The history of Hotham Hall in Putney is one of my favourites as it strongly illustrates that no matter what a house looks like – or even how old it is – you can uncover a fascinating history! This former community hall in the quiet streets of Putney is linked with a number of famous names, including Winston Churchill and The Rolling Stones!
I first researched the history of Hotham Hall while working with Chestertons in 2007. Snippets of the history were known, but I was so excited to discover a long list of famous names associated with this former community hall in the streets of Putney.
Hotham Hall was first built as St Mary’s Hall shortly before the outbreak of the First World War, in 1913. The freehold of the land was donated to St John’s Church by two sisters, Blanche and Elma Grace Miles, in 1911, specifically for the building of a public hall for the growing Putney community.
The hall was designed by Douglas Wells and constructed by builders, William Brown & Sons and officially opened by local magistrate Mr Samuel Samuel in 1913.
During the early history of the hall it was the location for local lectures and community and political events, and it was in May 1933 that future Prime Minister, Winston Churchill addressed a meeting of the Primrose League. He spoke on the future of India and declared ‘that the nations in their perplexity leaned upon England and found here a strong prop’.
The following year, in November 1934, St Mary’s Hall was the location for another political meeting. This time for the National Conservative candidate, Mr Marcus Samuel (nephew of Mr Samuel Samuel who had opened the hall 20 years earlier) for the Putney By-Election. Guest speaker supporting Mr Samuel was another future Prime Minister, Anthony Eden, who at that time was Lord Privy Seal and Minister for the League of Nations.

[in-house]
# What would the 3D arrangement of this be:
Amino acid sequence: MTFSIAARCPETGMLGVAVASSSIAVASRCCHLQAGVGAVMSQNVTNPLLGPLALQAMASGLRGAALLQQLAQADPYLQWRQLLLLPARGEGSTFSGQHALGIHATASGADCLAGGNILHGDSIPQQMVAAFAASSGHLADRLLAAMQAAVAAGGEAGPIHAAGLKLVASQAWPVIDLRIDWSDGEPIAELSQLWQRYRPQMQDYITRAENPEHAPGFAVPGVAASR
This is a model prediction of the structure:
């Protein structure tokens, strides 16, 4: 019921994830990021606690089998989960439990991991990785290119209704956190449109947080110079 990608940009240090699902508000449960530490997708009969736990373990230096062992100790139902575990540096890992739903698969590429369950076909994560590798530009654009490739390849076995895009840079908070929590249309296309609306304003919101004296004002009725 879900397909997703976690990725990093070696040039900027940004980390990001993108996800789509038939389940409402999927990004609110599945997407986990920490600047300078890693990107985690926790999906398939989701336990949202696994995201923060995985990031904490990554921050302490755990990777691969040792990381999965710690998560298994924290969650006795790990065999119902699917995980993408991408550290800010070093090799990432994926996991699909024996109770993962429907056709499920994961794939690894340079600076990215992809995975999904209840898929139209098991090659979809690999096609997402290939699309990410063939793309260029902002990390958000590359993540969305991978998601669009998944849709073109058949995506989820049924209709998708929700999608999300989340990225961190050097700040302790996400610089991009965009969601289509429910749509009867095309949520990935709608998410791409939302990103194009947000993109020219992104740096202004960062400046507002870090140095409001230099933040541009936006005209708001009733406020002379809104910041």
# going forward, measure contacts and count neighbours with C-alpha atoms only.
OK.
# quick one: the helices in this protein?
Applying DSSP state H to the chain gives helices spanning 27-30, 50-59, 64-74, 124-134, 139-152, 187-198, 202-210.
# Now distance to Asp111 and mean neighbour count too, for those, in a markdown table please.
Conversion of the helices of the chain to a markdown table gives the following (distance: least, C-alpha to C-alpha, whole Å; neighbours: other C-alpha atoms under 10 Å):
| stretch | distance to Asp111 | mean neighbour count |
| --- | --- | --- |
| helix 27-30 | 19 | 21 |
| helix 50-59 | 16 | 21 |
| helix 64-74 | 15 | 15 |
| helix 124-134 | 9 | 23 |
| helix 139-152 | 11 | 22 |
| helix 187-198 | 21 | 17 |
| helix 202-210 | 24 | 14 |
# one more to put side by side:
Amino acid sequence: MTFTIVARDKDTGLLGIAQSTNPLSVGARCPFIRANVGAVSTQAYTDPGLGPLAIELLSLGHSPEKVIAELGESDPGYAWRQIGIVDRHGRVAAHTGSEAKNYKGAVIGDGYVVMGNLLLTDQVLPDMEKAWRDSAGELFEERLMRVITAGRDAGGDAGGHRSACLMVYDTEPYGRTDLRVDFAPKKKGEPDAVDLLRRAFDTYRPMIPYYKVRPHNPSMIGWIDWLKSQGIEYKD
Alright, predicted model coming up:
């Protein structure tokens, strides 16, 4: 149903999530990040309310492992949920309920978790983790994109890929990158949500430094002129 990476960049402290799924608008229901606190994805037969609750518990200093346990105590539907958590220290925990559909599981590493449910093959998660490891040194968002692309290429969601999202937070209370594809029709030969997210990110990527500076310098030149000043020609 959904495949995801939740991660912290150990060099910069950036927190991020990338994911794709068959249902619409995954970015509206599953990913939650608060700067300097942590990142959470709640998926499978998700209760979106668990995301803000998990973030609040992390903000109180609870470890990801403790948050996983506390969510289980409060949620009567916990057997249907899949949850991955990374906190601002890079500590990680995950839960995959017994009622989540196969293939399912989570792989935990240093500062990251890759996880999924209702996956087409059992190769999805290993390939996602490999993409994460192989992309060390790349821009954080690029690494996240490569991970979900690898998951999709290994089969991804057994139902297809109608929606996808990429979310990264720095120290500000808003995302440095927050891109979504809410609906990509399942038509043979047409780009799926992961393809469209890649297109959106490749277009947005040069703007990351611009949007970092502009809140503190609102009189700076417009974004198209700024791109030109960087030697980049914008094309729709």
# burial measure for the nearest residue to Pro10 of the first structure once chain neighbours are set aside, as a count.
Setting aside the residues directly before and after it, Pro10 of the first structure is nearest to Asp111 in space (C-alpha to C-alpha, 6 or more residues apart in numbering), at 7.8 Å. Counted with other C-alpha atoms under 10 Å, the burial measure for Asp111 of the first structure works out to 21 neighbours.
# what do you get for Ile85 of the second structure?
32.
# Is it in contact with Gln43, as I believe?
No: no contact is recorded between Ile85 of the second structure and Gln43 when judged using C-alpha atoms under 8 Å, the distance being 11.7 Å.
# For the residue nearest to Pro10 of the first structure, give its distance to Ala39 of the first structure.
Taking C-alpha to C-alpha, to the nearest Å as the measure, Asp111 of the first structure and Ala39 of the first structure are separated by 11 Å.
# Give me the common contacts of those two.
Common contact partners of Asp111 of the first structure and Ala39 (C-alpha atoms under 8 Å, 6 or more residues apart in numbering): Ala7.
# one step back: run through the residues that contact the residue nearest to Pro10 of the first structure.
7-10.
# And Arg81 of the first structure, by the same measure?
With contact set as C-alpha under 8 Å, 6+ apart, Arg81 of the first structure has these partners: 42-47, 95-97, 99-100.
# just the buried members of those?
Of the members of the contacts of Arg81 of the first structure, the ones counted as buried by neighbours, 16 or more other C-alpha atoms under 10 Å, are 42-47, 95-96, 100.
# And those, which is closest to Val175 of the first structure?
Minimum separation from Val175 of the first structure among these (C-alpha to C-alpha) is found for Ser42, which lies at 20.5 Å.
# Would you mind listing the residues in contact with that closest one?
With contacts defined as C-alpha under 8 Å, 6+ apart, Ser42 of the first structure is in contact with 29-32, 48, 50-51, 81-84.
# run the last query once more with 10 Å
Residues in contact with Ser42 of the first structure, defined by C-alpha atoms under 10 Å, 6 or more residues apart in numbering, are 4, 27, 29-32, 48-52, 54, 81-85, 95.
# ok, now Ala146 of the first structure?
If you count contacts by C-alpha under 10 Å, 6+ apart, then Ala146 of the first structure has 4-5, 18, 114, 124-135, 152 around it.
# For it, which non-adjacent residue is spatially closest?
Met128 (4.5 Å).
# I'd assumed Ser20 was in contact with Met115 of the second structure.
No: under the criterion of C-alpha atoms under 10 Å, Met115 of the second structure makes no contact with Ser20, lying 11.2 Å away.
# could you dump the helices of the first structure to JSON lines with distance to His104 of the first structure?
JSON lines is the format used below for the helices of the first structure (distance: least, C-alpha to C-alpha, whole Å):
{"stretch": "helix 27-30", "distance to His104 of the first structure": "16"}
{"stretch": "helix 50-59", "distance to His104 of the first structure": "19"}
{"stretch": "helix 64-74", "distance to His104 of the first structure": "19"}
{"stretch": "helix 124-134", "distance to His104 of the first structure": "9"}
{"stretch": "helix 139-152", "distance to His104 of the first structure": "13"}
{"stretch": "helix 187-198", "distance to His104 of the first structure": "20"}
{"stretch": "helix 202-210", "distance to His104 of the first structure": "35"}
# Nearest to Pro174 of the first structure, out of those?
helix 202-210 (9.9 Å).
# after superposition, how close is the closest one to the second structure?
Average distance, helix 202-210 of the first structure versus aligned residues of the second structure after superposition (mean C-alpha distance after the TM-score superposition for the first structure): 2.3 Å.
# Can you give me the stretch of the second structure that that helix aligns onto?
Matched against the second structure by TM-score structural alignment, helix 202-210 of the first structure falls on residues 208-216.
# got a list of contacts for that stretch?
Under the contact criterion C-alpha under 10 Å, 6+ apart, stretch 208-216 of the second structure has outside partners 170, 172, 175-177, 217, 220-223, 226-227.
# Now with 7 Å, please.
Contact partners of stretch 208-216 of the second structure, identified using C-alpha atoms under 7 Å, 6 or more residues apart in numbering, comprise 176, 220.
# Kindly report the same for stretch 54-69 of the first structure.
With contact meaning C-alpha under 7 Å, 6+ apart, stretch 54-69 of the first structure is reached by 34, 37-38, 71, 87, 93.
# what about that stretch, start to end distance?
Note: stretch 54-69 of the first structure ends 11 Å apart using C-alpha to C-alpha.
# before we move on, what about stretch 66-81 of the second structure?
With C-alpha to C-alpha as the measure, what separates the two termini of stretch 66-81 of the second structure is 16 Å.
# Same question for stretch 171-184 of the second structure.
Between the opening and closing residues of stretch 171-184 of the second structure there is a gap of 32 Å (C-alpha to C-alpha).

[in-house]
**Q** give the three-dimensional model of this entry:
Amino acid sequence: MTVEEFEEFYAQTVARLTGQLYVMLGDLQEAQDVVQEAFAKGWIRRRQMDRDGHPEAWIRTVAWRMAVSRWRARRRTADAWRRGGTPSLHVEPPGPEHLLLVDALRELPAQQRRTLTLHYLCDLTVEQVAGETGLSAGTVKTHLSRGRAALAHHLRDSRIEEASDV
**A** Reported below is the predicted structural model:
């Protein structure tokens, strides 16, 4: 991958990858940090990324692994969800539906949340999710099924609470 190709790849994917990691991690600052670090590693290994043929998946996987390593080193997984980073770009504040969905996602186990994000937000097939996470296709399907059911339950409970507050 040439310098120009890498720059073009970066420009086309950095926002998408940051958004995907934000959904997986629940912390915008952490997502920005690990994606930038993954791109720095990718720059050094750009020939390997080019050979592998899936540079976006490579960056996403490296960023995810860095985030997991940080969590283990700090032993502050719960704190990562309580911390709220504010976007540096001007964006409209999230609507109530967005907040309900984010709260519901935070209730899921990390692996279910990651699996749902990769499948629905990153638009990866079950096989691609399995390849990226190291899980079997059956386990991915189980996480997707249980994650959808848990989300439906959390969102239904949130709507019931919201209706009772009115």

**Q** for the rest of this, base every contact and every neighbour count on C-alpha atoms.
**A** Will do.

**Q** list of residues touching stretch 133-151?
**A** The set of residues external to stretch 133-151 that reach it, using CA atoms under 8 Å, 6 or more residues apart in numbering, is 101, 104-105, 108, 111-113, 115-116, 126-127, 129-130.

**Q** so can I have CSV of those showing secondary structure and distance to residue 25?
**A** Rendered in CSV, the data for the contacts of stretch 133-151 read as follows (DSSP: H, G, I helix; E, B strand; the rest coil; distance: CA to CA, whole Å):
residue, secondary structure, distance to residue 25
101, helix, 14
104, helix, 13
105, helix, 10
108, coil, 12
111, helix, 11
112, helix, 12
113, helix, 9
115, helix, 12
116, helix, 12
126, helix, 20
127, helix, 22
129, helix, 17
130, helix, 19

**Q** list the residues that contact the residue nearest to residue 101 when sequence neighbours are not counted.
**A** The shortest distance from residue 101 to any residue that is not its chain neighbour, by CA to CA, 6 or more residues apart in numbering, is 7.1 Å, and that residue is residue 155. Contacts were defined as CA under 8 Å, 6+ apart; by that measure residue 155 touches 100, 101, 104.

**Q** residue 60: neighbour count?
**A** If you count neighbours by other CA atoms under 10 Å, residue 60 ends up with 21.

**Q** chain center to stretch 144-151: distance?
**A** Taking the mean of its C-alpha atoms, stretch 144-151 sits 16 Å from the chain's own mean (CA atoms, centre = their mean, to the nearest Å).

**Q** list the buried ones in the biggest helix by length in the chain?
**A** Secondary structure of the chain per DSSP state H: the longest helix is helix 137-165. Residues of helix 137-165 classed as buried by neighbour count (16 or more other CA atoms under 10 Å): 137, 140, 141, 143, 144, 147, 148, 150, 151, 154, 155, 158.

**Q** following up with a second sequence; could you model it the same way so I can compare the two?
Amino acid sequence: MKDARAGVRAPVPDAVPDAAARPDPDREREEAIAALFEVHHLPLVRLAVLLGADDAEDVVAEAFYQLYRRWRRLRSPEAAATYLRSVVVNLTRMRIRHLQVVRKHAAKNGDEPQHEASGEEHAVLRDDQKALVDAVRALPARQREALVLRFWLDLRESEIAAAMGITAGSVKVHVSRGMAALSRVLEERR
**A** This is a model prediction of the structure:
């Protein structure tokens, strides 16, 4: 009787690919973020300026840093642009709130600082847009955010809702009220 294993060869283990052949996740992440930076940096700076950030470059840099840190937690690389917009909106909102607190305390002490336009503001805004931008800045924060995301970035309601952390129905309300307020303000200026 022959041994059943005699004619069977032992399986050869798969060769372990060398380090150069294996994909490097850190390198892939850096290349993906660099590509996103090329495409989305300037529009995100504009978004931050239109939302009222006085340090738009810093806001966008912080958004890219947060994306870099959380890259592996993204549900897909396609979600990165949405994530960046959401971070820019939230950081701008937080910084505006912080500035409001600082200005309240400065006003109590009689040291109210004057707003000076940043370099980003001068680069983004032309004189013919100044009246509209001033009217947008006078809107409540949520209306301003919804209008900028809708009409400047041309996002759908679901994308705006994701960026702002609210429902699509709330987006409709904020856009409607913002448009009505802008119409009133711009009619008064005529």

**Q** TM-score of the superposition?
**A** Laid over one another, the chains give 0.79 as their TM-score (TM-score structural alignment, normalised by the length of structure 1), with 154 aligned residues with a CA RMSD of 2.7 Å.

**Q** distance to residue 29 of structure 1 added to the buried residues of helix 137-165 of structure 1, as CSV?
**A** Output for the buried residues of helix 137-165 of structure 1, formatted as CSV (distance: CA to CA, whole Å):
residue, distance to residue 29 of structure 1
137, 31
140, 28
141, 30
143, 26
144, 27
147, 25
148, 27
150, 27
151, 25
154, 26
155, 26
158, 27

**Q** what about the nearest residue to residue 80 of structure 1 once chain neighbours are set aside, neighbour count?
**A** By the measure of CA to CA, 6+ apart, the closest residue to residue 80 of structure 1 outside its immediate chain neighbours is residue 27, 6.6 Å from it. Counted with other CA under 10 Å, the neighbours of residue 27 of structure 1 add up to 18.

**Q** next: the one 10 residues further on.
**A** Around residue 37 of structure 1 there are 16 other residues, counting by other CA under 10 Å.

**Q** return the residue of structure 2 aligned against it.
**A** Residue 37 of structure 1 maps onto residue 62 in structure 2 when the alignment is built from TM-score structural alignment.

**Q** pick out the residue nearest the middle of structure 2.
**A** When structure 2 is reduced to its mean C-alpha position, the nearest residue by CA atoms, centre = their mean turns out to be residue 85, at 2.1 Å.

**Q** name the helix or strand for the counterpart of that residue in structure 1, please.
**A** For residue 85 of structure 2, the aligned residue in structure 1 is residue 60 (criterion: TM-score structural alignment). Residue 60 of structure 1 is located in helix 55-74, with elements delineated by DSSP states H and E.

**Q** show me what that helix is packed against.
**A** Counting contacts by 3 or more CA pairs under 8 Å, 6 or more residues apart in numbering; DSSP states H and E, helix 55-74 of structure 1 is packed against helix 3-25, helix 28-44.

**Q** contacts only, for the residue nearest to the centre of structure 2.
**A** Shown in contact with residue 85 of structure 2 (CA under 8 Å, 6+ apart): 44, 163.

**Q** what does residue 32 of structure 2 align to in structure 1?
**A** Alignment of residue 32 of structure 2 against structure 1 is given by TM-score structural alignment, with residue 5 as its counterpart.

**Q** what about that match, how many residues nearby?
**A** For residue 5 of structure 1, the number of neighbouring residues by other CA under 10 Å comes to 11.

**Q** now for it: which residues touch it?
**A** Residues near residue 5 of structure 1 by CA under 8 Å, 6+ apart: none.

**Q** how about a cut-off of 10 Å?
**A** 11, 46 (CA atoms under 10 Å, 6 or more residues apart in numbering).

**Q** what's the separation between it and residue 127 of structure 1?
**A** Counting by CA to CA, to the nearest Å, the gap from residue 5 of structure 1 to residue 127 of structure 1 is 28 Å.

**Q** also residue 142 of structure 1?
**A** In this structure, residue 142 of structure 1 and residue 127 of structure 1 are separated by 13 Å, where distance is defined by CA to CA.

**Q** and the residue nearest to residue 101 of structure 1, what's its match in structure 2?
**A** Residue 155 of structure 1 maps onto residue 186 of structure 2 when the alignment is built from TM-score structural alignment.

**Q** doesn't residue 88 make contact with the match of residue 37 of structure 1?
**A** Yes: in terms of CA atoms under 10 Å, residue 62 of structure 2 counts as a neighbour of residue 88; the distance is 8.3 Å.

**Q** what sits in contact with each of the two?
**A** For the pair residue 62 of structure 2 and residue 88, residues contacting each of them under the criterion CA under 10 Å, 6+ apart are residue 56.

Along with political meetings, St Mary’s Hall was the location for lectures and music events, including local Christmas carol concerts. In particular, during the 1960s, it was used as a venue for upcoming British bands and on 22 December 1963 was the location for a performance of The Rolling Stones as part of their first UK tour.
The Rolling Stones were supported by rising band, who were still performing by the name, The Detours, and came to be known as The Who. It has been said that it was here Pete Townsend noticed Keith Richards warm up by swinging his arm before going on stage which inspired Townsend to create his famous ‘windmill’ strum.
The Who actually played at St Mary’s Hall several times during the early 60s and in 1964 they were supported by The Tremeloes. A local resident remembers this concert where the Tremeloes gave out sweets to promote their new song, Candy Man, which later rose to No.6 in the UK charts.
St Mary’s Hall continued to be used as a local hall and event venue, but by the 1980s it had fallen into disrepair and it closed in 1986. It was purchased for redevelopment in the 1990s at which time it was renamed Hotham Hall. It was transformed into luxury ‘loft-style’ apartments by The Raven Group, which first went on sale in 1997.
Behind the seemingly simple Edwardian façade of a former community hall, an extraordinary history is uncovered at Hotham Hall.